Just read an (semi) old post about books. In particular, it was about bad books. We have ALL read bad books. We have all read great books too! And we all know it’s pretty hard sometimes to separate one from the other.
First, NYTimes Bestseller list is NOT a list of the best books out there. It’s a list of the best selling books. I don’t want to trash any one writer, because just completing a story makes you AWESOME in my book. But – well, I AM going to trash one writer – when books like Twilight are looked upon like the Holy Grail to literature, I start to worry about where the lit world is heading. That series had so many grammqar, etc. mistakes, I could just about pull my hair. But that would hurt me, and do nothing to the book. However, Twilight was about to tell a compelling story. Does it make me want to smash my head over a brick, sometimes.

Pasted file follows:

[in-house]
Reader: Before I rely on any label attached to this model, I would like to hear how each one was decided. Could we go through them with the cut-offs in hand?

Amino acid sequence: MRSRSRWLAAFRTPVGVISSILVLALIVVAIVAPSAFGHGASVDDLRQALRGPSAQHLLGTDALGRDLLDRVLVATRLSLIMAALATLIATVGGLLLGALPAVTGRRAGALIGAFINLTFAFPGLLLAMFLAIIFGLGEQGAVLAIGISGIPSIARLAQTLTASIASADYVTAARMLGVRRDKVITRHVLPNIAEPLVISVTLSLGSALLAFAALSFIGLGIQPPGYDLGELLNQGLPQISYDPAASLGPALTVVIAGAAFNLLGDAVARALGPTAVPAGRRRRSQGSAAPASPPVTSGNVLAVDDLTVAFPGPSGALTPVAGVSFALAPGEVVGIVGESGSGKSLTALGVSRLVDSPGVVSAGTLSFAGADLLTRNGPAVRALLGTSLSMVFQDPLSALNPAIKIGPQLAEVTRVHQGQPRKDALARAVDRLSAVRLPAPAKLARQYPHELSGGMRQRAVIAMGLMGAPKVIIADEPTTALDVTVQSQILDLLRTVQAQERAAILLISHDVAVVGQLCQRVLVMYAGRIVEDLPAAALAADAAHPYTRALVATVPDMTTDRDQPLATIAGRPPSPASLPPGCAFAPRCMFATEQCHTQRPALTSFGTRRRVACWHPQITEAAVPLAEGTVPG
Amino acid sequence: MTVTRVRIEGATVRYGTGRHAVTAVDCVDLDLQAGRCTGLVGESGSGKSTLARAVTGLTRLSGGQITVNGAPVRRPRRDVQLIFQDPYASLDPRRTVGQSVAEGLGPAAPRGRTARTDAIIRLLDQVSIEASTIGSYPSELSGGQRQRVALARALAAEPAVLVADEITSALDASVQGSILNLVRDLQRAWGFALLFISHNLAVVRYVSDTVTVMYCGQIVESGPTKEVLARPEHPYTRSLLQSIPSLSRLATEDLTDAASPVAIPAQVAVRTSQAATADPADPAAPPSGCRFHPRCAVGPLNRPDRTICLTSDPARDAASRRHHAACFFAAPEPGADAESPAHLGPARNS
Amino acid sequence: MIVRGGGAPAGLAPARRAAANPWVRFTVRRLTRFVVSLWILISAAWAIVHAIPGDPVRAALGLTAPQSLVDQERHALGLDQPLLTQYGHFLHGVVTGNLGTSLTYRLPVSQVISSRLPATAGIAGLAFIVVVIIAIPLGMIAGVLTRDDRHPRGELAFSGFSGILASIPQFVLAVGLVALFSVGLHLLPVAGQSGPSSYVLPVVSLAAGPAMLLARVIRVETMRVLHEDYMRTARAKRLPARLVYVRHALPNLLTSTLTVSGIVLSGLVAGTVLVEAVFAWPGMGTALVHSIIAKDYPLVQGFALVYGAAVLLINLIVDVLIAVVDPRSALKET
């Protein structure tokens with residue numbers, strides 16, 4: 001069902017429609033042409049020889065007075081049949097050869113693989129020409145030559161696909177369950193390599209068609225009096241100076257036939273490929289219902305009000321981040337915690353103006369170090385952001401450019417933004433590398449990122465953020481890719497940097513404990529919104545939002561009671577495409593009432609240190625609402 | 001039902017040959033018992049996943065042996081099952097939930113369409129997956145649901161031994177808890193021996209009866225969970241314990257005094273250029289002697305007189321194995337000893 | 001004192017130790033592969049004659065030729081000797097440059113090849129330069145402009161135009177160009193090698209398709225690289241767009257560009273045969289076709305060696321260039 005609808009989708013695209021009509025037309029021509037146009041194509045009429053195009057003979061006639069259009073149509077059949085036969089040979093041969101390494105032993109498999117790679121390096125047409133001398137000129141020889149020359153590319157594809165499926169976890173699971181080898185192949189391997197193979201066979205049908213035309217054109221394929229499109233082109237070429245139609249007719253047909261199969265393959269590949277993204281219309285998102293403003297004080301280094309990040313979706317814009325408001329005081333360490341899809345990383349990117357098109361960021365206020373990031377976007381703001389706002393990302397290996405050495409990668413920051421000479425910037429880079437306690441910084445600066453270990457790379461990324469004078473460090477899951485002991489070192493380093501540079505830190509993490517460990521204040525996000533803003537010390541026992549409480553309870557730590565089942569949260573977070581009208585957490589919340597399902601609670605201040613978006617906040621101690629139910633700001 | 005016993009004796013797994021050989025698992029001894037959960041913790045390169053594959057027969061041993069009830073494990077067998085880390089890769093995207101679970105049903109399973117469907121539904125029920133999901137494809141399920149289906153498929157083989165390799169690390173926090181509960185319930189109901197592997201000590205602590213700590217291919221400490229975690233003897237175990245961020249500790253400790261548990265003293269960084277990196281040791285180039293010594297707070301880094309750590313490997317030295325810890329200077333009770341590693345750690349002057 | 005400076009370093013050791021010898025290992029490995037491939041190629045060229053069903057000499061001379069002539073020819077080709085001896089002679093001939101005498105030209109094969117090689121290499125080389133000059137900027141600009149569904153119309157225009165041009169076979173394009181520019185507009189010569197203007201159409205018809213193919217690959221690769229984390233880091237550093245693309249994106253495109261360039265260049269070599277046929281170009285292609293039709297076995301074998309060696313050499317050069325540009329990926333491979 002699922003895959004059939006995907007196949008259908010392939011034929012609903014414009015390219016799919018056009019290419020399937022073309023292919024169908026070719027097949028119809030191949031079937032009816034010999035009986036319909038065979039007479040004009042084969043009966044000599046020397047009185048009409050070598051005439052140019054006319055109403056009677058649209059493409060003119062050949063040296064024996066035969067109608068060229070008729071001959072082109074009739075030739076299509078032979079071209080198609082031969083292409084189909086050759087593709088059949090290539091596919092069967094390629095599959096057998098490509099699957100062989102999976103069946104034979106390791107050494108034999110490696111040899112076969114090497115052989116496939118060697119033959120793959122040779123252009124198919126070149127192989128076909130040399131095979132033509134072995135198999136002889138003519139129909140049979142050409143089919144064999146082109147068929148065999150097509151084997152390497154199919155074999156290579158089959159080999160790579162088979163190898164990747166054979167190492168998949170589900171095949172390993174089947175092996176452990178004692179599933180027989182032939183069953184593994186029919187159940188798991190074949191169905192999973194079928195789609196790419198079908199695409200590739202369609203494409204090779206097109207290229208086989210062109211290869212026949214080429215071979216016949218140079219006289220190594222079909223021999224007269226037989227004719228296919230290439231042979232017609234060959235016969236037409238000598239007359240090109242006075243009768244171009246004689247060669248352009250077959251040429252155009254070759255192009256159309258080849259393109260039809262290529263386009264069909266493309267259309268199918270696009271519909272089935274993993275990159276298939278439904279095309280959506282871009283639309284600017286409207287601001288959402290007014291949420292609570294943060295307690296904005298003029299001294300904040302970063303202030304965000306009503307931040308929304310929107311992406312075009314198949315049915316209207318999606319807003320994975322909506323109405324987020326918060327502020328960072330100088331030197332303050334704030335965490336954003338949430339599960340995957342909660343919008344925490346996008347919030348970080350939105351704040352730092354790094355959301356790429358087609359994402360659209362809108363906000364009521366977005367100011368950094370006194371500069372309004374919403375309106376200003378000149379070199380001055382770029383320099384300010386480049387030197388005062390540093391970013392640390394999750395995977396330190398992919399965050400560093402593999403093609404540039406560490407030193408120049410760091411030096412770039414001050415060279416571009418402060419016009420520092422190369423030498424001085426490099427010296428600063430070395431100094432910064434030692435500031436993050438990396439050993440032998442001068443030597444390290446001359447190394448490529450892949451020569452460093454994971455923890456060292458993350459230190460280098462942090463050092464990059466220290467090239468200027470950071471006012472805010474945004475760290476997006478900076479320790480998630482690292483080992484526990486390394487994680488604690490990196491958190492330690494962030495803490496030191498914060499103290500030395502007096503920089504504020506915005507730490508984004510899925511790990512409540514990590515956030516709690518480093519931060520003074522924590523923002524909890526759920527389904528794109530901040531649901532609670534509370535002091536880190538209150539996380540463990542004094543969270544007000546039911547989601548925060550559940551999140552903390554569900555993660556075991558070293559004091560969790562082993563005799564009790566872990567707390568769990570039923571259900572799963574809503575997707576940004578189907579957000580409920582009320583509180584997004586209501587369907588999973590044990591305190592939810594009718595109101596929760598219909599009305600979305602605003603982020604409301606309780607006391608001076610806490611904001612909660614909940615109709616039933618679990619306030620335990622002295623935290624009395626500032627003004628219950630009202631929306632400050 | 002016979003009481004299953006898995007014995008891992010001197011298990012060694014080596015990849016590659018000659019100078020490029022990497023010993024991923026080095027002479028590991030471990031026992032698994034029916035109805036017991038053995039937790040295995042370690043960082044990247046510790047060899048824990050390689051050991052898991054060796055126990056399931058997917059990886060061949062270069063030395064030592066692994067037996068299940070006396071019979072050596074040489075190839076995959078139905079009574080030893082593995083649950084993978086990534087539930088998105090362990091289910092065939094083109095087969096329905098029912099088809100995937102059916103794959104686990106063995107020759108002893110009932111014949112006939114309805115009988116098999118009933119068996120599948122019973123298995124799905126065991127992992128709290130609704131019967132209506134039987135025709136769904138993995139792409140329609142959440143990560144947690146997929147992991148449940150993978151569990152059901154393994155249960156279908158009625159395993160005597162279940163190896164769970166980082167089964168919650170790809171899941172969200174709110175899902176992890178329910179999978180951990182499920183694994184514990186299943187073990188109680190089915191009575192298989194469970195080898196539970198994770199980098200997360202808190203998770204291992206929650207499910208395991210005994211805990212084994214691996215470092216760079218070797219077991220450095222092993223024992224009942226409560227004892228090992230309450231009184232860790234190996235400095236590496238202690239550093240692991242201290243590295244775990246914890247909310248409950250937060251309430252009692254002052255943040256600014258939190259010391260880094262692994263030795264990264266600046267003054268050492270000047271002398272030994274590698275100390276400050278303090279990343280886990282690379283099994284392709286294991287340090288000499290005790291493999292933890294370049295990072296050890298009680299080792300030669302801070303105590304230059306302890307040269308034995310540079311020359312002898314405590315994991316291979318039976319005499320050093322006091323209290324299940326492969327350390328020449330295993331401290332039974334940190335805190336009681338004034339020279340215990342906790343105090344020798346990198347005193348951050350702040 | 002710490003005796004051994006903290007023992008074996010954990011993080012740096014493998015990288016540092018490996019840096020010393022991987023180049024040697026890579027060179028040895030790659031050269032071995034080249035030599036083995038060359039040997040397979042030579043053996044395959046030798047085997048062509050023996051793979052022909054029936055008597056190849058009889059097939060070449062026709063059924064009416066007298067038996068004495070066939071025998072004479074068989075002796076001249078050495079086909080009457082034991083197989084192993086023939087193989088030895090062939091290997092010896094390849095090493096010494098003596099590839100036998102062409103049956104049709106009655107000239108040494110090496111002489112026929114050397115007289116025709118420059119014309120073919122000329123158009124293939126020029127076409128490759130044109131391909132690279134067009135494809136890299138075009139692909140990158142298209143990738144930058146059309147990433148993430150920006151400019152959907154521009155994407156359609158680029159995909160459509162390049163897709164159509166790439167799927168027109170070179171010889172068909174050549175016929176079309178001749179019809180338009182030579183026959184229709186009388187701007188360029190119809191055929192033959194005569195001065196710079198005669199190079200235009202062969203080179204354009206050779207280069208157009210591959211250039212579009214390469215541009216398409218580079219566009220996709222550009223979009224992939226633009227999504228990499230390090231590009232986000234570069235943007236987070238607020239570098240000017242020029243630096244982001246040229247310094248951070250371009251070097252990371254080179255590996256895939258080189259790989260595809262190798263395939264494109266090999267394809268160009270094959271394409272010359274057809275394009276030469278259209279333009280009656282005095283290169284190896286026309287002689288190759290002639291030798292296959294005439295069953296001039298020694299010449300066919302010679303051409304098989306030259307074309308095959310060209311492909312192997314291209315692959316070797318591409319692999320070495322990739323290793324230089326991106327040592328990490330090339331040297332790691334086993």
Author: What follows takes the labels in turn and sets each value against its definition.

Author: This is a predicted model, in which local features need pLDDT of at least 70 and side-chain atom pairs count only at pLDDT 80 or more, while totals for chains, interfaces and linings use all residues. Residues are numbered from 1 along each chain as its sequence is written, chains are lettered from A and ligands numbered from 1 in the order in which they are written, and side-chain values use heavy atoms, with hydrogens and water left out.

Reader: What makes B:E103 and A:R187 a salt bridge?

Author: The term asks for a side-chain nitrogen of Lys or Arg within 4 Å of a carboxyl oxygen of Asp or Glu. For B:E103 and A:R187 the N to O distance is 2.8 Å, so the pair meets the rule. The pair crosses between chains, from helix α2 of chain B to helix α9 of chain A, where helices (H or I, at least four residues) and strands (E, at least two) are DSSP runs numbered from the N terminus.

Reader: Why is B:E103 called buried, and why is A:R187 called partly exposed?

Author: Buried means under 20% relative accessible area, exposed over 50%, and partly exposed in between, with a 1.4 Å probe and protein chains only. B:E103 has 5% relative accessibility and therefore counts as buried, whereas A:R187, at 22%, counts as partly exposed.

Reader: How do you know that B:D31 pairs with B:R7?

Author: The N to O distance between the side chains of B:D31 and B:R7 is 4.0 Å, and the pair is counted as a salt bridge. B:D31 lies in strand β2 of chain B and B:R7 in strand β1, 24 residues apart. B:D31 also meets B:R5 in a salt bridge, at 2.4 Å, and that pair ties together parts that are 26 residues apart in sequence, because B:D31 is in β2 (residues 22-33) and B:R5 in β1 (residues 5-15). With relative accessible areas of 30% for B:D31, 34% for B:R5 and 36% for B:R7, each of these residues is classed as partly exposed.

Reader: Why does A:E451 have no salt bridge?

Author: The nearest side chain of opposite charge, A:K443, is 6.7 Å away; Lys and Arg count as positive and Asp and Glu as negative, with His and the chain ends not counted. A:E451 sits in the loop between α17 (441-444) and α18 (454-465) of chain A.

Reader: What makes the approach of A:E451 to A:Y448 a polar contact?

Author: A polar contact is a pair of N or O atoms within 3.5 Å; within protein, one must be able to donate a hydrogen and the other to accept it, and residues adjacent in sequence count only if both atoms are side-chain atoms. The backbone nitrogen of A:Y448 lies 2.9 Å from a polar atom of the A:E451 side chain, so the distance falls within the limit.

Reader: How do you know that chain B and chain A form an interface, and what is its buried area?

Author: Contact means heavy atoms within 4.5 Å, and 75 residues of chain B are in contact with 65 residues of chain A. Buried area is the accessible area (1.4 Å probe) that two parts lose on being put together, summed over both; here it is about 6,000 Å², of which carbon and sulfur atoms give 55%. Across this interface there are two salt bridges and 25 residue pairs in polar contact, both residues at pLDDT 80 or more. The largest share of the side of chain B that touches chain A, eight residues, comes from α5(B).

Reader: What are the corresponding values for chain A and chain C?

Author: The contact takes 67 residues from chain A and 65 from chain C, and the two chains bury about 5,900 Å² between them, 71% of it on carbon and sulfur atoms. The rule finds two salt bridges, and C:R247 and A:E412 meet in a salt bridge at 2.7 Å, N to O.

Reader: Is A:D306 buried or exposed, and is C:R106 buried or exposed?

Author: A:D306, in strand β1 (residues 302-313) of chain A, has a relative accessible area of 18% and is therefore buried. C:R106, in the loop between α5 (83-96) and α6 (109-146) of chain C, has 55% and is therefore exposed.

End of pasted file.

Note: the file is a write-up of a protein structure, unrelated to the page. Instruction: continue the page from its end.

Secondly, each reader is to be their own judge. If you read it and like it, Kudos! If you read it and feel like you wasted your hours/days/ etc reading it- Yikes! But, it happens. I for one (and no stone throwing okay!) cannot stand The Great Gatsby or The Scarlet Letter. I warned friends about the Great Gatsby when we were reading it in school, but some of them came to their own conclusion that they DID like it. Great for them! Honestly, I am happy that they were able to enjoy the story. I can’t think about the novel without wanting to throw Daisy and Co. into a deep, deep pool. Just saying. I LOVED Jay Gatsby, HE was great. The story? A classic romance novel? Pah-lease!
As a writer, I think we all have our good ideas, and our not-so-good ideas. (And the really, really bad ideas we put to the bottom of the drawer and hope no one ever ever has to find out about.) My idea book is filled with ideas, but that certainly doesn’t mean I’m going to write them all! A few of the ideas turn otu to be a pretty good tie in with another idea, building a story better, but other ideas are just left there to remind me that not everything that comes from my (superb and magnificent) brain is as flawless and riveting as I wish them to be.
So write your great book! If you turn out writing the next Twilight series, know that you had a good story. Some will like it, some won’t. It’s still better to have written, than never to have written at all. And read When Bad Books Happen to Good Writers, it makes you feel better, trust me!